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U.S. Department of Health and Human Services

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February 23, 2010: Shawnee Woman Pleads Guilty to Poisoning Salsa at Lenexa Restaurant

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Food and Drug Administration 
Office of Criminal Investigations

 


 

 

             U.S. Department of Justice Press Release 

 

 

For Immediate Release

February 23, 2010

www.usdoj.gov/usao/ks

United States Attorney

District of Kansas

Contact: Jim Cross

(316) 269-6481

 

 

            KANSAS CITY, KAN. – Yini De La Torre, 19, Shawnee, Kan., has pleaded guilty to putting poison in salsa served to patrons at Mi Ranchito restaurant in Lenexa, Kan., U.S. Attorney Lanny Welch said today.

            She pleaded guilty to one count of conspiracy to tamper with a consumer product. In her plea, she admitted that while working as a waitress at the Mi Ranchito restaurant in Lenexa she twice added Methomyl-based pesticide to salsa she prepared. On Aug. 11, 2009, during the lunch rush, 12 diners at Mi Ranchito suffered nausea, abdominal cramps, weakness, sweating and chest discomfort after eating salsa. On Aug. 30, 2009, during dinner, approximately 36 patrons of Mi Ranchito suffered similar symptoms after eating salsa. Some of the customers were transported to the hospital. The poisoned patrons ranged from young children to senior citizens, some of whom suffered from medical conditions that were aggravated by the poison.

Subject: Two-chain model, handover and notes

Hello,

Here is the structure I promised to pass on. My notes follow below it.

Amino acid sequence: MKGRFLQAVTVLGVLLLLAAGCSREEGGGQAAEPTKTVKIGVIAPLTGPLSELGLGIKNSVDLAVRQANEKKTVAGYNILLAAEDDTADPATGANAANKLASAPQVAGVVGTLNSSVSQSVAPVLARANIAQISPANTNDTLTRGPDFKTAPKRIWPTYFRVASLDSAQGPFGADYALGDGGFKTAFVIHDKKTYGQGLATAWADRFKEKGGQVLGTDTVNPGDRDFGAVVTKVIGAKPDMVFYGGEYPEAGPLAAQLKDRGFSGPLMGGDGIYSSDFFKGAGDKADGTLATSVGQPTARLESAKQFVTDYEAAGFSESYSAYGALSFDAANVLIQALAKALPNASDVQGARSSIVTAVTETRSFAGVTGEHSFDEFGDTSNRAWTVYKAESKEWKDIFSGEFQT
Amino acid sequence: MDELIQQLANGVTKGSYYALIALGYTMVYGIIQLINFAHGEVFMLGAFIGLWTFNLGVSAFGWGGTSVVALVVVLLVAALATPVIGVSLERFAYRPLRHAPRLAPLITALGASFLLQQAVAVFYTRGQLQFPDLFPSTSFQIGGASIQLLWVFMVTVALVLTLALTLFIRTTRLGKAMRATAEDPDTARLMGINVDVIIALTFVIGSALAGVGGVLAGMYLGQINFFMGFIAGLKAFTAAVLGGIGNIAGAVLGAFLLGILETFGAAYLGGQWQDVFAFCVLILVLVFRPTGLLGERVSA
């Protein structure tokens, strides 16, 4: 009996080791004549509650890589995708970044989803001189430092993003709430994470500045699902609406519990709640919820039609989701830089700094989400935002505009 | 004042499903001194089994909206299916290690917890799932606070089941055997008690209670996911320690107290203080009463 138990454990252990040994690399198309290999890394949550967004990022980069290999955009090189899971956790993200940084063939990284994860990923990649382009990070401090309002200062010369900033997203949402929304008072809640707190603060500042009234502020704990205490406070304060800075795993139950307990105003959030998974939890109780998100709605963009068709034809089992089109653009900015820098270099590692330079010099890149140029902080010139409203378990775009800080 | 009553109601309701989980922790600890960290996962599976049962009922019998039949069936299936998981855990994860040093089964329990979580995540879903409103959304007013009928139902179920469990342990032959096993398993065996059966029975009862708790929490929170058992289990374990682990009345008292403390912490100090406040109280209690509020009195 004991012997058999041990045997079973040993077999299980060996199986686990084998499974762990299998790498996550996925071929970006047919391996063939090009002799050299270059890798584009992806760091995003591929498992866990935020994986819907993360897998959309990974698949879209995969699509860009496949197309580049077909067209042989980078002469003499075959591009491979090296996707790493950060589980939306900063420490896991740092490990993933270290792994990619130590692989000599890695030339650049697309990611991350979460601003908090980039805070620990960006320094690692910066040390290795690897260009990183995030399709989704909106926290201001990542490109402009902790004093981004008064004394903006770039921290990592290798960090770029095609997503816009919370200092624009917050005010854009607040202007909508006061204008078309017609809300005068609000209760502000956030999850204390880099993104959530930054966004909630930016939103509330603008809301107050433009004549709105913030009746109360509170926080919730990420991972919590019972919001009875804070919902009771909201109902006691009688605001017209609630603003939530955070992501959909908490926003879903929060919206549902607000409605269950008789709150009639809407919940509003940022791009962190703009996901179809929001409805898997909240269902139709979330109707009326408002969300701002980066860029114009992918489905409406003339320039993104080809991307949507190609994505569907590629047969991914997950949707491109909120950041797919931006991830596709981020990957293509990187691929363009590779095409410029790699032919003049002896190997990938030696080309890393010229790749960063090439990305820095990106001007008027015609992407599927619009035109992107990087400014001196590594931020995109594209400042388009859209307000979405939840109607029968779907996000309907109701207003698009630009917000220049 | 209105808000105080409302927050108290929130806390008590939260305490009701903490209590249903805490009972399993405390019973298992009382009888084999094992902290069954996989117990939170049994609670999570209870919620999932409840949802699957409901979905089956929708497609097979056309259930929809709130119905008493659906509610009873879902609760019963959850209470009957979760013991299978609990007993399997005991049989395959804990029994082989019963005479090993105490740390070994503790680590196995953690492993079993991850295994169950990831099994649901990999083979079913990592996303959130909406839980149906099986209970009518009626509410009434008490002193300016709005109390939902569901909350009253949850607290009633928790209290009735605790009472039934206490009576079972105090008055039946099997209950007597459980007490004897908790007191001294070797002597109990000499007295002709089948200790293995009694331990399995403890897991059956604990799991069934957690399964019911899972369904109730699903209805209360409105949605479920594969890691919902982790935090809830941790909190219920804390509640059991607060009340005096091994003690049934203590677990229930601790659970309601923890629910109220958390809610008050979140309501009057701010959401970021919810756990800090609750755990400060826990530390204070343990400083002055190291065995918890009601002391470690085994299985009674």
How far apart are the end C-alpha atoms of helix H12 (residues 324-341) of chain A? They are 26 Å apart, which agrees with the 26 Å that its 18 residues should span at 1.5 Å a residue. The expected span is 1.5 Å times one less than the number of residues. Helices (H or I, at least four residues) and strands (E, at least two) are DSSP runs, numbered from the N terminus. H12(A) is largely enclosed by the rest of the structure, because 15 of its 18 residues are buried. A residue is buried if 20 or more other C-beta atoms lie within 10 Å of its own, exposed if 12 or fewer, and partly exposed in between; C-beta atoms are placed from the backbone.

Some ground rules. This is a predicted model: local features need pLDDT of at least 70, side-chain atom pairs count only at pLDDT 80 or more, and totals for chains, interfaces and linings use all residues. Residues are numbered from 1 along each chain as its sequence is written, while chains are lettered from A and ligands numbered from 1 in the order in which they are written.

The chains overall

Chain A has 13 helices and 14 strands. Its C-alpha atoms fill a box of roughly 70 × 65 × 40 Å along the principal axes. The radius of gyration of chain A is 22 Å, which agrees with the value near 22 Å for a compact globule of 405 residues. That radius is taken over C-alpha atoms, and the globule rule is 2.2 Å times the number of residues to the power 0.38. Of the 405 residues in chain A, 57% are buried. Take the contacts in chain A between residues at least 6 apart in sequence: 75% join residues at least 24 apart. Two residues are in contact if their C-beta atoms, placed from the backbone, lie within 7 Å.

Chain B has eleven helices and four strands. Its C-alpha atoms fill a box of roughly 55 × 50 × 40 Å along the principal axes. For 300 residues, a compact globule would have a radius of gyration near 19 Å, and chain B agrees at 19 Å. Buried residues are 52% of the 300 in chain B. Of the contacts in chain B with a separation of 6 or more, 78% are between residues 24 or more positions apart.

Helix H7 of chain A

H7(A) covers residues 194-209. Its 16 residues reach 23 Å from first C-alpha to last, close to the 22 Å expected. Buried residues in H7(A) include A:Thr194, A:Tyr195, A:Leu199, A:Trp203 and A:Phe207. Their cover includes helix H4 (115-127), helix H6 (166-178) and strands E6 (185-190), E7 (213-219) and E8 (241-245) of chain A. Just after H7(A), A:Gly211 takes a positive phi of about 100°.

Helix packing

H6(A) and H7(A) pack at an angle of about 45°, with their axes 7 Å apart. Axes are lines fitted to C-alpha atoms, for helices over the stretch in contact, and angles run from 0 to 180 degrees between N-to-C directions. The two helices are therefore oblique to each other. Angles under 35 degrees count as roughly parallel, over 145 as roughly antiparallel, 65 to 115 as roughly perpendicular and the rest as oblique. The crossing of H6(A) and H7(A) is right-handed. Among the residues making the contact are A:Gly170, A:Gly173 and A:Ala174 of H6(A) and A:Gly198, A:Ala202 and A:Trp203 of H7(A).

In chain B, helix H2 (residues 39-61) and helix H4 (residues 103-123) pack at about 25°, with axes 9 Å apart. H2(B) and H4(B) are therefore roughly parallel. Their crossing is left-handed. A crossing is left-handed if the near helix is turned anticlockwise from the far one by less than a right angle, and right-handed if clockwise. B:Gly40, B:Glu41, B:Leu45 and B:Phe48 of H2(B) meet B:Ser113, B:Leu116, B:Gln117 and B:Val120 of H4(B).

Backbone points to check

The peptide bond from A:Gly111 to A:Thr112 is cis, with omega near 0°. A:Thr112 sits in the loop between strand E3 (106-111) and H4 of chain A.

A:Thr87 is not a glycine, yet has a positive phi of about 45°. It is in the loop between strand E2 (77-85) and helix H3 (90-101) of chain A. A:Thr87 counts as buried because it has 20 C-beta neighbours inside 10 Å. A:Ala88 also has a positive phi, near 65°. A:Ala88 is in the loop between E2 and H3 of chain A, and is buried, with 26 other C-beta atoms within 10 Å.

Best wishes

In her plea, De La Torre said her husband and co-defendant Arnoldo Bazan worked for a Mi Ranchito restaurant in Olathe until June 27, 2009. Bazan believed the owner of the Mi Ranchito chain was responsible for Bazan being suspended from employment and the theft of Bazan’s vehicle. Bazan hatched a plot with De La Torre to get even with the owner of the restaurant by poisoning the patrons of Mi Ranchito. During July 2009, the owner of the Mi Ranchito restaurant reported to the Overland Park Police Department that Bazan was stalking him. On Aug. 7, 2009, a message was sent to the restaurant’s Web site threatening harm if Bazan’s vehicle were not returned. On Aug. 28, 2009, before the second poisoning incident, Bazan sent word to the owner of the restaurant through a family member that “the worst is yet to come.”

            While Lenexa police were investigating the poisoning, Bazan told Da La Torre not to speak with investigators or she would suffer physical harm. The Johnson County Health Department collected samples of food from the restaurant as well as blood and urine samples from the patrons who became ill. A Food and Drug Administration lab found Methomyl in the salsa. A laboratory at the University of California - Davis found Methomyl in the samples from the patrons. Methomyl is a highly toxic compound introduced in 1966 as an insecticide for treatment of vegetable, fruit and field crops.

            As a result of the poisoning incidents, all six Mi Ranchito restaurants suffered reduced income. The Mi Ranchito in Lenexa saw sales for September and October 2009 decline by approximately $250,000.

            De La Torre is set for sentencing May 18, 2010. Bazan is awaiting trial. Conspiracy to tamper with a consumer product carries a maximum penalty of 10 years in federal prison and a fine up to $250,000.

            Welch commended the following agencies and individuals for their work on the case: The U.S. Food and Drug Administration - Office of Criminal Investigation, the Environmental Protection Agency - Criminal Investigation Division, the Lenexa Police Department, the Johnson County District Attorney’s Office, the Kansas Department of Agriculture, the Kansas Department of Health and Environment, the Johnson County Health Department, Immigration and Customs Enforcement and Assistant U.S. Attorney Scott Rask.

            In all cases, defendants are presumed innocent until and unless proven guilty. The indictments filed merely contain allegations of criminal conduct.

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